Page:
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 Alfred Rudolf Waud  (1828 - 1891)

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Lived/Active: New York      Known for: frontier activity drawing, war-genre, townscape, illustrator

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Ad Code: 3
Alfred Rudolf Waud
from Auction House Records.
Hotel Dieu Near Southwest Pass
Artwork images are copyright of the artist or assignee
This biography from the Archives of AskART:
An illustrator of Civil War and frontier South and West themes, Alfred Waud was born in London, England, and studied in London at the School of Design at Somerset House and the Royal Academy. Waud is regarded as one of the outstanding reportorial draughtsman of the 19th century, noted for his accuracy and ambitious coverage of his subject matter.

Upon his arrival in America, he went to work for Harper's Weekly and, assigned to the Army of the Potomac, covered events from the beginning to the end of the Civil War. He was well-liked and accepted by the soldiers and captured numerous on-the-spot illustrations for the New York Illustrated News. In one case, his drawing of a battle field was so valuable strategically that a Union general used his to plan his attack strategy. In 1865, was acclaimed by Harper's "as the most important artist-corespondent of the Civil War.

In 1866, he began touring the antebellum South and west to the Rockies, recording Indian and pioneer life. He also went into the Mississippi River Valley and the Dakota Territory, but after 1882, suffered ill health and ceased to travel.

A large collection of his work is in the Waud Collection of the Library of Congress.

Peggy and Harold Samuels, Encyclopedia of Artists of the American West
Peter Hastings Falk, Editor, Who Was Who in American Art

Biography from Charleston Renaissance Gallery:
In the days before photo-journalism, it was the job of the artist-correspondent, or special artist, as he was sometimes called, to make a visual record of current events.

The War Between the States created an unprecedented demand for the skills of the special artist. Young men trained in the craft of engraving or drafting were employed in great numbers by the publishers of Harper's, Leslie's, the New York Illustrated News, and the London Illustrated News.

Perhaps the single special artist who left to posterity more sketches of the War Between the States than any other was the Englishman Alfred Waud, who covered the Army of the Potomac for Harper's Weekly for most of the duration of the war. The astounding number of twenty-three hundred field sketches by him are housed in the Library of Congress, the gift to the nation of J. Pierpont Morgan.

Born in London in 1828, Waud studied scene painting at the Schools of Design at Somerset House and the Royal Academy. When he joined the New York Illustrated News in 1861 he was sent to Washington to cover war-related developments. He worked for them for less than a year, at which time he accepted the offer of Harper & Brothers to make drawings of hostilities for Harper's Weekly.

In 1866 Waud traveled down the Ohio and Mississippi Rivers on assignment by Harper's to cover the early efforts at reconstruction. He was in Texas, Arkansas, and Louisiana. Waud never returned to England to live. He died in Marietta, Georgia, where he had gone in an attempt to improve his failing health.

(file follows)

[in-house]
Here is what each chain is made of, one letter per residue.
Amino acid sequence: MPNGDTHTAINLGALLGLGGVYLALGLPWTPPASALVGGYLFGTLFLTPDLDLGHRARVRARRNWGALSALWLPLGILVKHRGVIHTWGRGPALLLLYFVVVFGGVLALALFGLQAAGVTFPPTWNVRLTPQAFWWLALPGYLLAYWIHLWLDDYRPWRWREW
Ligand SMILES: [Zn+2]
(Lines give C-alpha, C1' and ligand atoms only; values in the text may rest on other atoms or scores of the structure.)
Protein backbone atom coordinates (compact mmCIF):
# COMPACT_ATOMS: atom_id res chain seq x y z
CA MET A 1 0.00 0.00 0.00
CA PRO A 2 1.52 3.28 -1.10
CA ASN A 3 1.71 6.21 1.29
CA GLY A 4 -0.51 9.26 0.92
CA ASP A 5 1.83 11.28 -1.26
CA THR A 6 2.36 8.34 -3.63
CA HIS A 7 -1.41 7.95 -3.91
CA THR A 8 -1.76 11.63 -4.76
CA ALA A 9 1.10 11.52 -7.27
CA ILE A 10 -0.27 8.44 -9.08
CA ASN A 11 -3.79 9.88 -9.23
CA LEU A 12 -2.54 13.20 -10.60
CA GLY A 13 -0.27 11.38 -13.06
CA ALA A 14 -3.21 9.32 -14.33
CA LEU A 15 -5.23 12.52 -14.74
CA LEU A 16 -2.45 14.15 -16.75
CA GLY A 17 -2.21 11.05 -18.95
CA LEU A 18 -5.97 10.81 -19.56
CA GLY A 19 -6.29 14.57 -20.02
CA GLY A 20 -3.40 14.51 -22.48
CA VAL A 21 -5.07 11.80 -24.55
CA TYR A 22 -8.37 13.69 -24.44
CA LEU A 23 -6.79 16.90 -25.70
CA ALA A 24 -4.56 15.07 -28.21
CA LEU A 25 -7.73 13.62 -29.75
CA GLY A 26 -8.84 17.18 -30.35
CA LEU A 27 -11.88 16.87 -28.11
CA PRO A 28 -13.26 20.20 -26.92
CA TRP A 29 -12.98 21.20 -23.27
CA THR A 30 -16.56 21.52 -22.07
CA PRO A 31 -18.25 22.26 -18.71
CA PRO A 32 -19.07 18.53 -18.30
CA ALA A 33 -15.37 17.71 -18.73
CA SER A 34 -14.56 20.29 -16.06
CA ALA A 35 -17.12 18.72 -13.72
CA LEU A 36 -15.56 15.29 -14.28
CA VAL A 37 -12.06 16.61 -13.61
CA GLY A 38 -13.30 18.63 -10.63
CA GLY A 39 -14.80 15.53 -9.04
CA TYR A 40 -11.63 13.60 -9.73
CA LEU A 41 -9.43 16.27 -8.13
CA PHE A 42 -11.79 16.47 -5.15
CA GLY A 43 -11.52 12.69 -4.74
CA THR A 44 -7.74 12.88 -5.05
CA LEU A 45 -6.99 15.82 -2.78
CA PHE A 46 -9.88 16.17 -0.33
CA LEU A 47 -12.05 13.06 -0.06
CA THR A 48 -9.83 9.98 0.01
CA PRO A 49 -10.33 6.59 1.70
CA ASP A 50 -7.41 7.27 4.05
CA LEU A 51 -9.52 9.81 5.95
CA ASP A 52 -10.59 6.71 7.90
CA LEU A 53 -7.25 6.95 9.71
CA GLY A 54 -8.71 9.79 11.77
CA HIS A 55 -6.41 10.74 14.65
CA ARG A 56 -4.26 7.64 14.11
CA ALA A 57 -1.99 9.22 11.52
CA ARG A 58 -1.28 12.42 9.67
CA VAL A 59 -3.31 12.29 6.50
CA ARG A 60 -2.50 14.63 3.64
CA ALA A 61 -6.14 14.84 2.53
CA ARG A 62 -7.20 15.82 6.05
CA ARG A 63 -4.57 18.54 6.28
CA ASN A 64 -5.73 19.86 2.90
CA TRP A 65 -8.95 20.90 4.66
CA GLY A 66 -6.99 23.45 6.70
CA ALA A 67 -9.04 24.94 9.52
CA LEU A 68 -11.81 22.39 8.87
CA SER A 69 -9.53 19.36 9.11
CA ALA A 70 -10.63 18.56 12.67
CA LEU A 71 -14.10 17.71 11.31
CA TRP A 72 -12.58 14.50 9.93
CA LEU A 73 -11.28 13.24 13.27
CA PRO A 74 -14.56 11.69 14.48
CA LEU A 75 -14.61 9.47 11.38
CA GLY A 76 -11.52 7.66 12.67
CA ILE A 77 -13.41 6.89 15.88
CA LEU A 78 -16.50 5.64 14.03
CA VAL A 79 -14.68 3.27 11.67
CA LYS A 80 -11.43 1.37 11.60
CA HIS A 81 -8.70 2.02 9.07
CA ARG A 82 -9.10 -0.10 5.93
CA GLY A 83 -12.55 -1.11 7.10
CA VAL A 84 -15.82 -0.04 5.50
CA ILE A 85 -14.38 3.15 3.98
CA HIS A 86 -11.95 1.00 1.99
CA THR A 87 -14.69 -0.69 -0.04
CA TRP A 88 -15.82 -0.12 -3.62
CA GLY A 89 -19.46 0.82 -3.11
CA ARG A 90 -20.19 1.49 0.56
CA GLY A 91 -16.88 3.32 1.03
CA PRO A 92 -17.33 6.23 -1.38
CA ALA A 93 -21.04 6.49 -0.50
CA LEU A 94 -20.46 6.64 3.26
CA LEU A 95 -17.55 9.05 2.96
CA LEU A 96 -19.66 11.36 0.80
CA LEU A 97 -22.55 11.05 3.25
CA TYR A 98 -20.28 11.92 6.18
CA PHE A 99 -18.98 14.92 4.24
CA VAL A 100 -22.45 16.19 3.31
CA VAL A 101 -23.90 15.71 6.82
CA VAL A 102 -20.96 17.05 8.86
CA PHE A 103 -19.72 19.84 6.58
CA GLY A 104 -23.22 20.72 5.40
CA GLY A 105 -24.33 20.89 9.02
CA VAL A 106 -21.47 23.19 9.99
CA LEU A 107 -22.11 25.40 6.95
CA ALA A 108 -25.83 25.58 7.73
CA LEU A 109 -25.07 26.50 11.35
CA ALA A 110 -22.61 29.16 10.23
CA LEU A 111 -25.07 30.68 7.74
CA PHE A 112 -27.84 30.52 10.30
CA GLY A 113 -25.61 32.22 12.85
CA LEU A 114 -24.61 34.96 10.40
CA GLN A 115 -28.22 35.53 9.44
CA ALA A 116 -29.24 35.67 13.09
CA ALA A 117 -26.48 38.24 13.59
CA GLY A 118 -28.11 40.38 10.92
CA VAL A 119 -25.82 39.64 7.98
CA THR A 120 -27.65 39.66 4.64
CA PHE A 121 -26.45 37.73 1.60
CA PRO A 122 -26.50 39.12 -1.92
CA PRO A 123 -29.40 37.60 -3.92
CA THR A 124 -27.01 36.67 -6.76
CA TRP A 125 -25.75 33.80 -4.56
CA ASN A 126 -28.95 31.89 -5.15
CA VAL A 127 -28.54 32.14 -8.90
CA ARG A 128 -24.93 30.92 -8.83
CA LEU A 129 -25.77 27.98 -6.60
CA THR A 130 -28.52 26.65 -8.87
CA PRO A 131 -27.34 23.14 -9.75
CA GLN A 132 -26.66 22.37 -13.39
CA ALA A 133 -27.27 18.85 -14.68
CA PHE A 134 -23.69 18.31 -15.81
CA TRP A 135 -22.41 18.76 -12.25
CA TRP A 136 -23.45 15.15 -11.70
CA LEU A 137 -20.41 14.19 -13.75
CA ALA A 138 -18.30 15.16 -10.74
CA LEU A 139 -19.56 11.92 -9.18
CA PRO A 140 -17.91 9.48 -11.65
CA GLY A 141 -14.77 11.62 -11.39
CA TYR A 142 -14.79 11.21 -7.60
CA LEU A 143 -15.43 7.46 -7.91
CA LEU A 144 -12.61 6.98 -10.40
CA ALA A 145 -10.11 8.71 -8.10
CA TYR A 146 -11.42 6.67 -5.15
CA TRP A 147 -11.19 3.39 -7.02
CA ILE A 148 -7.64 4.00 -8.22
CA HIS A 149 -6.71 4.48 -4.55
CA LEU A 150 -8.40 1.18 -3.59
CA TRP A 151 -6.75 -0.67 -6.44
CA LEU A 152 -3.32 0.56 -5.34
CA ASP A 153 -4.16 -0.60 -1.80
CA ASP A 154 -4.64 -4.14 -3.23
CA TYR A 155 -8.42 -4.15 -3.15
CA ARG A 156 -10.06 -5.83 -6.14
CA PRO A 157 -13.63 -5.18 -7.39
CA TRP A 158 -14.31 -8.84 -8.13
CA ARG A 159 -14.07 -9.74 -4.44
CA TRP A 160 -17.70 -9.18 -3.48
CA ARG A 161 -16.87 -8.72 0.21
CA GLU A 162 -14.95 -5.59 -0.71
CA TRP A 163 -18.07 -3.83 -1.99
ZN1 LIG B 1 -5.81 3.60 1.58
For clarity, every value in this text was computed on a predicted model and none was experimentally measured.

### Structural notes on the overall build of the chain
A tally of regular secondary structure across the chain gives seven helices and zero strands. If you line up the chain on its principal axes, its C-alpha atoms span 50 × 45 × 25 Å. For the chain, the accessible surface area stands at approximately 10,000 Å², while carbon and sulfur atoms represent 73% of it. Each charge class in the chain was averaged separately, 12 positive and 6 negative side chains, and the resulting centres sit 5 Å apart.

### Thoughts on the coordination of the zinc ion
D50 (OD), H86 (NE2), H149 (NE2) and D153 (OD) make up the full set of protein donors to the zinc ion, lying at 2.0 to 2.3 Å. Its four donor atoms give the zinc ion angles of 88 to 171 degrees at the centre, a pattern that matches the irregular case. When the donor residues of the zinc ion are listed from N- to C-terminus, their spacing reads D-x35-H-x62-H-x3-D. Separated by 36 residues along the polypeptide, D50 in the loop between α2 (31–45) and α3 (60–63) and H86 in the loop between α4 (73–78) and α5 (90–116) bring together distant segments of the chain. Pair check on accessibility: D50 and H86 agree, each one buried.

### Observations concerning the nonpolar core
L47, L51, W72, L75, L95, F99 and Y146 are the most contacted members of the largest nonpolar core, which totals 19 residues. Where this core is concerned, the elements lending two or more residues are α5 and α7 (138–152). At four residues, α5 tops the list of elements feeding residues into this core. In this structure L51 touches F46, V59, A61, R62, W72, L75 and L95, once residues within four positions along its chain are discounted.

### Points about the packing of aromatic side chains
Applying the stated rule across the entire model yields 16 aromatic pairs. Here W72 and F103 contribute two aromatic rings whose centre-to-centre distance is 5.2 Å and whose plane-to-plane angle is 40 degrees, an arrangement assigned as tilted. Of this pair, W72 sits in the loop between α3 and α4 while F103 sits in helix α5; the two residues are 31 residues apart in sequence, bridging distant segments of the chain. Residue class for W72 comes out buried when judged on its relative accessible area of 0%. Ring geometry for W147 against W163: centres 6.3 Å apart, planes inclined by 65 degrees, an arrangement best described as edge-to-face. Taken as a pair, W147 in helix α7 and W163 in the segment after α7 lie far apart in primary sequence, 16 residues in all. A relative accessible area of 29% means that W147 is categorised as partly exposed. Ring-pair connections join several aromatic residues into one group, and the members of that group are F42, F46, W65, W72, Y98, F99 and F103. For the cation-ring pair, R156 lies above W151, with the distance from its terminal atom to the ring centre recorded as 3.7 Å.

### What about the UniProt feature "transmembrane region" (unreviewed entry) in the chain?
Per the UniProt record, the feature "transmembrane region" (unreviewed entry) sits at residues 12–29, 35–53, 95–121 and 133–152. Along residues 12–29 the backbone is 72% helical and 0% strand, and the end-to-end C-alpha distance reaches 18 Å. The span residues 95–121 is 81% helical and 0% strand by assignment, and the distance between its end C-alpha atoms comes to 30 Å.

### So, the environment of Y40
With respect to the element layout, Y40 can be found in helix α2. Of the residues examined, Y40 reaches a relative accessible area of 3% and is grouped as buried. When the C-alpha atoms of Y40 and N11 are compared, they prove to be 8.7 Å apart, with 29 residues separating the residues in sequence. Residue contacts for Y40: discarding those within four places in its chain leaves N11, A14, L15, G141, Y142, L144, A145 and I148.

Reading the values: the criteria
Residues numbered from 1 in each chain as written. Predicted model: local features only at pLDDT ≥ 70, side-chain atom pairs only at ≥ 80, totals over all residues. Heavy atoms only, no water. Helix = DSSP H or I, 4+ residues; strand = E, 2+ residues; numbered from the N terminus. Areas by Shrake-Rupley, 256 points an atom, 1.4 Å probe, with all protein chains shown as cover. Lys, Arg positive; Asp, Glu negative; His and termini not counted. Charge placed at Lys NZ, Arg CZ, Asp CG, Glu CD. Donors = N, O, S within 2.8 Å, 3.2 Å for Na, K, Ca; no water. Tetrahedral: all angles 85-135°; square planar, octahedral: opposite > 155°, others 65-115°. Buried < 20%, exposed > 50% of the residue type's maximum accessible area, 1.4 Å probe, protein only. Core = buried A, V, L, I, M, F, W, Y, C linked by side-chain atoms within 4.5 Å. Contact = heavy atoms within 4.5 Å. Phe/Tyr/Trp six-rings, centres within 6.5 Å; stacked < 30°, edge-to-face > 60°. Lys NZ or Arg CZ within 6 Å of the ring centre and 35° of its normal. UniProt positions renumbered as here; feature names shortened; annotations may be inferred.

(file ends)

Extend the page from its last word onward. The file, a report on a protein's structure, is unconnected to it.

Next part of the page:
Biography from Museum of Nebraska Art:
Alfred Rudolph Waud (1828-1891)

Alfred Waud (pronounced Wod) was born in London, England on October 2, 1828, and studied painting there at the School of Design at Somerset House and the Royal Academy before immigrating to America in 1850. Best known for his illustrations of the Civil War published as wood engravings for such periodicals as New York Illustrated and Harper’s Weekly, Waud was regarded by many historians as one of the most skilled and prolific artists at capturing scenes of the Civil War. He was assigned to the Army of the Potomac, and he witnessed many major battles including the Battle of Gettysburg. Over 2,000 of his Civil War field sketches are housed at the Library of Congress.

Following the war, Waud made trips to the West. His engravings for Harper’s Weekly were usually credited as by a Harper’s Special Artist. His cattle scenes from his journey to Texas were published in 1867. On his second trip west in 1868, he traveled to Nebraska Territory where he created one of his most famous western engravings, Pilgrims of the Plains, published in 1871. Waud also went to the Dakotas. The artist had known George Armstrong Custer during the Civil War and painted his version of Custer’s Last Stand.

The railroad sketch in the Museum of Nebraska Art’s collection was published in Albert Richardson’s book Beyond the Mississippi in 1867. It is probable that this sketch was not drawn from experience but rather from a photograph.

In his 50s, Alfred Waud suffered failing health, no longer traveling after 1882. He died in Marietta, Georgia in April of 1891 where he had gone in hopes of improving.

The Museum of Nebraska Art has one work by Alfred Waud.

Researched and written by Gary Zaruba and Karen Park, 2013, a project of MONA’s Bison Society.

Taft, Robert. Artist and Illustrators of the Old West 1850-1900. New York: Charles Scribner’s Sons, 1953.

Zaruba, Gary. “Alfred R. Waud.” MONA files, n.d.

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Alfred Waud is also mentioned in these AskART essays:
Civil War Art

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